- Different Desired Outcomes – Because of its omni-presence, mobile is the ideal omni-channel device. We know consumers use mobile for product discovery & research, even when they complete the purchase in a different channel – online, in store or call center. Why wouldn’t the mobile UI help facilitate this in a way that’s different than the desktop? Different calls-to-action; different ways to prioritize them.
The conventional wisdom is that a dedicated site is something else to manage, that it represents additional cost of ownership. The counter view is that dedicated is a more cost-effective way to manage your mobile customers.
In addition, it is often asserted that Google will give advantage to responsive sites. But, as discussed in the What Is Responsive section above, Google states that it does not favor responsive over dedicated.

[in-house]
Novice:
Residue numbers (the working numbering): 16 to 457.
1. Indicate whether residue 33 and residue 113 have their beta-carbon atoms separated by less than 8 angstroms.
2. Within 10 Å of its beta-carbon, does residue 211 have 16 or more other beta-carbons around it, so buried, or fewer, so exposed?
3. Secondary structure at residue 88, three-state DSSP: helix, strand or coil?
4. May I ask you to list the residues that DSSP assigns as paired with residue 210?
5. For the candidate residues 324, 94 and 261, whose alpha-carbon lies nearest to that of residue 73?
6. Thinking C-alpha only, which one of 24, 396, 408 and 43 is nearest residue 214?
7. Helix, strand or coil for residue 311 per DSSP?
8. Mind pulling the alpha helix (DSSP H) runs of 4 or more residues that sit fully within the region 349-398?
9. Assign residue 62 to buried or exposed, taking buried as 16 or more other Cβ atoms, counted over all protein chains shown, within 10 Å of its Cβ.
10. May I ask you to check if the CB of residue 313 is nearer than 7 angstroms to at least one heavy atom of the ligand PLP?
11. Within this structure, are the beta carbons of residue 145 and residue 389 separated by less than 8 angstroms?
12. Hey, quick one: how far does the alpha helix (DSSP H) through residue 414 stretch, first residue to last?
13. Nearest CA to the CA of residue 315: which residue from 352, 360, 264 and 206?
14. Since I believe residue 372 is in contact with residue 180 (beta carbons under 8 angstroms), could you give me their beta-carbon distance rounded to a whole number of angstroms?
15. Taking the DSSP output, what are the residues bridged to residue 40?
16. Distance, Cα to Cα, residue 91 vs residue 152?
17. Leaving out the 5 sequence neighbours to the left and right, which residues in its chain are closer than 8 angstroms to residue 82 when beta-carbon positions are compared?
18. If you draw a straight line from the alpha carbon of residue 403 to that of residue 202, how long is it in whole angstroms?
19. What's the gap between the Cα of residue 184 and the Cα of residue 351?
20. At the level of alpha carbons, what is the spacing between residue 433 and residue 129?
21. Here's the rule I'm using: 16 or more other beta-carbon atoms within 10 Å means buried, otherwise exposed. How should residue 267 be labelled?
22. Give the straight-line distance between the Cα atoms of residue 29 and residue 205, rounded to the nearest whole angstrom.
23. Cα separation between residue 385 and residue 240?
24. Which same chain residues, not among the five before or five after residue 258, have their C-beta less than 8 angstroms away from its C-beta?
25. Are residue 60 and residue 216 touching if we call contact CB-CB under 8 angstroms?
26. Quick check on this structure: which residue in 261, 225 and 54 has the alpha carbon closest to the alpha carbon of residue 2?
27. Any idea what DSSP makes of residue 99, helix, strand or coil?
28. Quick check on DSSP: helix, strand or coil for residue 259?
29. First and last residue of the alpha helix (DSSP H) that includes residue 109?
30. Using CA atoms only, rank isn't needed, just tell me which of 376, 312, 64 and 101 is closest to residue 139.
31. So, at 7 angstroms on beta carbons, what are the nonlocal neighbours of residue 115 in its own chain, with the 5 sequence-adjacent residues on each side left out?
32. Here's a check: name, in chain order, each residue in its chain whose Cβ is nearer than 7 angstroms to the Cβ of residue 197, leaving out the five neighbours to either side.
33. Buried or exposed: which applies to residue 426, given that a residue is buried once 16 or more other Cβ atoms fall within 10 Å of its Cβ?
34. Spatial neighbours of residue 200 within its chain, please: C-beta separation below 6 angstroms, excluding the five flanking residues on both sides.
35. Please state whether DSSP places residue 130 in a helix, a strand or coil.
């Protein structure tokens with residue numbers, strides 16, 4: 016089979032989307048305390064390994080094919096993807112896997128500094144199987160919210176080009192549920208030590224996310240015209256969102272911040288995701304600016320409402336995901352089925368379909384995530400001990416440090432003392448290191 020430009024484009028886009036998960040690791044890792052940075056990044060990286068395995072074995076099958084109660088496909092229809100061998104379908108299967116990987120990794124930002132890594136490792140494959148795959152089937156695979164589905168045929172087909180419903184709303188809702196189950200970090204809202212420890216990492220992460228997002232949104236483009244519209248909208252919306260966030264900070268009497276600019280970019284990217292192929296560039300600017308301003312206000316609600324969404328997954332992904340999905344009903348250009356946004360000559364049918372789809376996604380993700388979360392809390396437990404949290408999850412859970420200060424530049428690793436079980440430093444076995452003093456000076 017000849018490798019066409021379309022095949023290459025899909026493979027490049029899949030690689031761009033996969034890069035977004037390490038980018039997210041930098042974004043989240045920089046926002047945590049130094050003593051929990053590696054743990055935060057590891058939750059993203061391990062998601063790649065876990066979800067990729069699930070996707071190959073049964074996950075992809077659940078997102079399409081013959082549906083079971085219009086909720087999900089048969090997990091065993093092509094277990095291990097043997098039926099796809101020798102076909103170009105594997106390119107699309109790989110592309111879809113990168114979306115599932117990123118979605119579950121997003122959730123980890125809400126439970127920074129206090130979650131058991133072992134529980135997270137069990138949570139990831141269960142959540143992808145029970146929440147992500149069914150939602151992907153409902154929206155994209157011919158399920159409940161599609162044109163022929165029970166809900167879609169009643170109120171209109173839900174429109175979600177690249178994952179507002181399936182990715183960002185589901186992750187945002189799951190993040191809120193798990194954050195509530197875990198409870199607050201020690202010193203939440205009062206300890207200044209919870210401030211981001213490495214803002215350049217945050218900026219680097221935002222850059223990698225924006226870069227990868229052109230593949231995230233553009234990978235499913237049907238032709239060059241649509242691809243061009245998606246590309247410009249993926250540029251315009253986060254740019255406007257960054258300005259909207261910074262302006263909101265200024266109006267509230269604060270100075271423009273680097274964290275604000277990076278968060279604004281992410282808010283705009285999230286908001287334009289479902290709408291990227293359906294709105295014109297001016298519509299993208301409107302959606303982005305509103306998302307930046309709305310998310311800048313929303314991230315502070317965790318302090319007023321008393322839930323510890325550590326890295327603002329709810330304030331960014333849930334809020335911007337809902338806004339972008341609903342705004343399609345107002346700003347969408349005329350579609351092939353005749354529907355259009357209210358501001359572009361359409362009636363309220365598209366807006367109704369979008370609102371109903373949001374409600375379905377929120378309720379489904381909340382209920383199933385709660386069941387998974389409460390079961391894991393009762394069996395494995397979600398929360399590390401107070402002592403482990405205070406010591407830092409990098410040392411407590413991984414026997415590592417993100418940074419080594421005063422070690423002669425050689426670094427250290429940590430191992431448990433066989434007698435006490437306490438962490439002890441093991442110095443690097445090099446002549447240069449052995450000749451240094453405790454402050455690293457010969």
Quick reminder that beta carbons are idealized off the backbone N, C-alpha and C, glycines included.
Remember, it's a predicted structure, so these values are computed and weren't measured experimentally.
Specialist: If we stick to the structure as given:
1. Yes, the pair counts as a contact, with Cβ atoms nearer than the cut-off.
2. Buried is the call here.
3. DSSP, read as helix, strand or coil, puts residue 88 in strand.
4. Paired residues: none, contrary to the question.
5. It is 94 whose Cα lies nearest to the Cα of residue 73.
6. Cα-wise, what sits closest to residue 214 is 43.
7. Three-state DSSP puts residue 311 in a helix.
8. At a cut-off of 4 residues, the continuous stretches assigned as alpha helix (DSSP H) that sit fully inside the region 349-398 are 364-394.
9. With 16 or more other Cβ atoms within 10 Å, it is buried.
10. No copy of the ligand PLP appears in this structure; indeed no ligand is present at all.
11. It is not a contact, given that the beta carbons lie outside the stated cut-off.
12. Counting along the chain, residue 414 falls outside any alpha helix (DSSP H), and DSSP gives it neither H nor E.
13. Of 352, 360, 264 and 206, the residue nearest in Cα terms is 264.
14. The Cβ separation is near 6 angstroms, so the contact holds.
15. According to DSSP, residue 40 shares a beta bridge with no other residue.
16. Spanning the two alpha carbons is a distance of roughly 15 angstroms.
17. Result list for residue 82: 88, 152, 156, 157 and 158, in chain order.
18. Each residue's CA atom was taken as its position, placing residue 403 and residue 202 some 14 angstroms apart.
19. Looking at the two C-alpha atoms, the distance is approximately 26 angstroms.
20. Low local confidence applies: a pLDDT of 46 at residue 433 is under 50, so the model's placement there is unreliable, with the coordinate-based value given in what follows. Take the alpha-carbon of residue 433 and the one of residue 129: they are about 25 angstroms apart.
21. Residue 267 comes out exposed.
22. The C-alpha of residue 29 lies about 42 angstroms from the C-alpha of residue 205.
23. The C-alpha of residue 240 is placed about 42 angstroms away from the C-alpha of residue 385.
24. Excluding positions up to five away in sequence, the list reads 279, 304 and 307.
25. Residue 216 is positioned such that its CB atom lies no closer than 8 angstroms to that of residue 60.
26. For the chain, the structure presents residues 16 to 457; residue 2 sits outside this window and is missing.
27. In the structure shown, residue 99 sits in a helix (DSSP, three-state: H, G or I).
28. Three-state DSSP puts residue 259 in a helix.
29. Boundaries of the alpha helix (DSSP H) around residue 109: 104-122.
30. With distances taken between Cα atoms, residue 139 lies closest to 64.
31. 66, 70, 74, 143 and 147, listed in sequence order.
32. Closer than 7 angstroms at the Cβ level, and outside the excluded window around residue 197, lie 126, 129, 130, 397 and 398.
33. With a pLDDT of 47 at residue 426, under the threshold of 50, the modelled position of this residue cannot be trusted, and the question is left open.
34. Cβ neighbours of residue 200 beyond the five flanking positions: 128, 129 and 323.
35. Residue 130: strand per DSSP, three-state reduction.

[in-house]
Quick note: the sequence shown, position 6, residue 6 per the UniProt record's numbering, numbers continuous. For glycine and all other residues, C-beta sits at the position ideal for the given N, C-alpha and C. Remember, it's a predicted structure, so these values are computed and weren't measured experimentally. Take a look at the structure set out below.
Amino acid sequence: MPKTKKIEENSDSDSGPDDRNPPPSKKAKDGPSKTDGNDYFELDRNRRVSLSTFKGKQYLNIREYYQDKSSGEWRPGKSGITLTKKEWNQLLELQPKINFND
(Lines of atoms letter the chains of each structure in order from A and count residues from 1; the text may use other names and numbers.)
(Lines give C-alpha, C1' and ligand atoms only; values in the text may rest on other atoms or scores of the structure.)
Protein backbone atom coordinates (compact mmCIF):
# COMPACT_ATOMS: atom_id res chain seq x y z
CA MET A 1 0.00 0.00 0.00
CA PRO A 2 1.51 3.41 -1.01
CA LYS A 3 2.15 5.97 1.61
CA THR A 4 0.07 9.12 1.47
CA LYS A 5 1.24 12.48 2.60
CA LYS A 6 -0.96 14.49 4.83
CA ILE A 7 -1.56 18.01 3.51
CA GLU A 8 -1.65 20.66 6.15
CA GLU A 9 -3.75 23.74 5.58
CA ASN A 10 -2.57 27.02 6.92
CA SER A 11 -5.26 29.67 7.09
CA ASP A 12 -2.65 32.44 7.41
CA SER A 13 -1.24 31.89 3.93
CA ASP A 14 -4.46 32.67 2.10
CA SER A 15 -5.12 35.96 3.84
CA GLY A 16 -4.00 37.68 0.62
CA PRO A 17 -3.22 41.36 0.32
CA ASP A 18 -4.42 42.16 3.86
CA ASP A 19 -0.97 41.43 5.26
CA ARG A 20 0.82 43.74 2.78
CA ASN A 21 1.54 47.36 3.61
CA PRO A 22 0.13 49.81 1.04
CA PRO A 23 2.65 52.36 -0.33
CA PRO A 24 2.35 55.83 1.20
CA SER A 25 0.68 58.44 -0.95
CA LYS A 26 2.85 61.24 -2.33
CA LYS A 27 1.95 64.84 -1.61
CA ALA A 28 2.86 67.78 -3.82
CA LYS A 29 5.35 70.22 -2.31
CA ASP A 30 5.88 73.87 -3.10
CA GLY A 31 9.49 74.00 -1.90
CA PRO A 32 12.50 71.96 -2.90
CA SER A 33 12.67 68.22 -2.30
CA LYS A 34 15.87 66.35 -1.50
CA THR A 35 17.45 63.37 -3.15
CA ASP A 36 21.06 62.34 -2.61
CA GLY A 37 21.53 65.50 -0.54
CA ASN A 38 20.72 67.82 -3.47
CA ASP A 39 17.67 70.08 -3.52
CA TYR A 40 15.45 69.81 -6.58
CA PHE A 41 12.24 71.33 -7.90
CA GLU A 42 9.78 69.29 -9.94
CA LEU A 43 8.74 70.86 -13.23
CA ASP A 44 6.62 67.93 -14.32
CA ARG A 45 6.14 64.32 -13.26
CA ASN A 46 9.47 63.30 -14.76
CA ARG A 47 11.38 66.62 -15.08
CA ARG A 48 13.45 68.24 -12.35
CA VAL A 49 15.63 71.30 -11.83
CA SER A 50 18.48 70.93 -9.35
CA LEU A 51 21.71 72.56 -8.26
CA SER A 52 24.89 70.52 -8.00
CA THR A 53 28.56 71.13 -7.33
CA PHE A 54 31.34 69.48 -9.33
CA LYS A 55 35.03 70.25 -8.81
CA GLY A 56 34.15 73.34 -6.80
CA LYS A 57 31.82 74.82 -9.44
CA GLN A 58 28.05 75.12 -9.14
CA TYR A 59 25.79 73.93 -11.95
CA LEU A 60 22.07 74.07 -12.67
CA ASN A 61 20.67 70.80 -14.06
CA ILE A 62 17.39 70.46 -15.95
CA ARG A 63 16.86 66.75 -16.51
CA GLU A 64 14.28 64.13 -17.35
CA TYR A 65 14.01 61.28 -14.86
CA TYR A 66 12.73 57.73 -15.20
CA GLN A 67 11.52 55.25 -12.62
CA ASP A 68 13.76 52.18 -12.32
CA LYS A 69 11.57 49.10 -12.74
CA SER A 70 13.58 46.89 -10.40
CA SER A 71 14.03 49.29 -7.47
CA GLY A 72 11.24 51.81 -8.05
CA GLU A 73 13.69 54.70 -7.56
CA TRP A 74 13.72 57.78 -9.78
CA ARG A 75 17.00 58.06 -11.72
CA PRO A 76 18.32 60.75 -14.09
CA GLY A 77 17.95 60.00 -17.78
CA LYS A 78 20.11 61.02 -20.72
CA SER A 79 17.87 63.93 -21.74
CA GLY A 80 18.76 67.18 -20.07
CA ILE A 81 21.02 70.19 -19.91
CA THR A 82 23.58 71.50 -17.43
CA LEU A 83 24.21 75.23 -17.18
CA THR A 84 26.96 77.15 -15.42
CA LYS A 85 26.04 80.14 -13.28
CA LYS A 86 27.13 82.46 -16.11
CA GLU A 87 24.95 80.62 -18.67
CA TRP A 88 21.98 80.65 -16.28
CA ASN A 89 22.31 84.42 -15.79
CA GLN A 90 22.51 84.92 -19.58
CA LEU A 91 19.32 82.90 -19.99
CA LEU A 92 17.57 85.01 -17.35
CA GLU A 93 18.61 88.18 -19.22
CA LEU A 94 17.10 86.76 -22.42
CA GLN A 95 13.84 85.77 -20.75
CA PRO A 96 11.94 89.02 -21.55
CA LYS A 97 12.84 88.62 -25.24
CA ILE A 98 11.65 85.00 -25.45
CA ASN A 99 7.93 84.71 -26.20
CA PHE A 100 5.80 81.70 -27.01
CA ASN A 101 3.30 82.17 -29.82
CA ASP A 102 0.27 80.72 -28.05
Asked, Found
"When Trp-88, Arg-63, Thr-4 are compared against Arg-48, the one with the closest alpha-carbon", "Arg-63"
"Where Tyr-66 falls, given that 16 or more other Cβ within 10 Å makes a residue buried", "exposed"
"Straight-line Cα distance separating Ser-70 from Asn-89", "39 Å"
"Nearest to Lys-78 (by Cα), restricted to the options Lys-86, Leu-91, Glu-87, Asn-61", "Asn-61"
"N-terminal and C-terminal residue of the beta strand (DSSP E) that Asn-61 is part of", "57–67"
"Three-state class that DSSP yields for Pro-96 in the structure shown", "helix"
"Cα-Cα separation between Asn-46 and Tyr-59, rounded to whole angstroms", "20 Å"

- Responsive is a good choice for adapting a desktop site for the small screen.
As a web development technique, it’s an elegant way to deliver a small screen experience.
- Dedicated sites are the better choice if the retailer wants the mobile experience to take full advantage of uniquely mobile capabilities.
For retailers who want to get the most out of mobile, dedicated sites make it easier to build a mobile-specific experience — one that takes advantage of unique mobile capabilities that the desktop site isn’t geared for. And to deliver different calls-to-action that optimize across all channels.
Responsive is a very useful technique for adjusting web pages to screen size. Developers love it as a tool. Unbound uses it as one of several methods for integrating the mobile experience into the retailer’s web infrastructure.
But that doesn’t make it a good mobile strategy.
If mobile-friendly is good enough for your company, then responsive is a fine choice. A better choice for your company might be to take full advantage of mobile-unique capabilities and deliver a distinct mobile experience. Unbound loves working with retailers who want to make the most out of mobile.
Keith Lietzke is Co-Founder of Unbound Commerce. He can be reached at Keith@UnboundCommerce.com.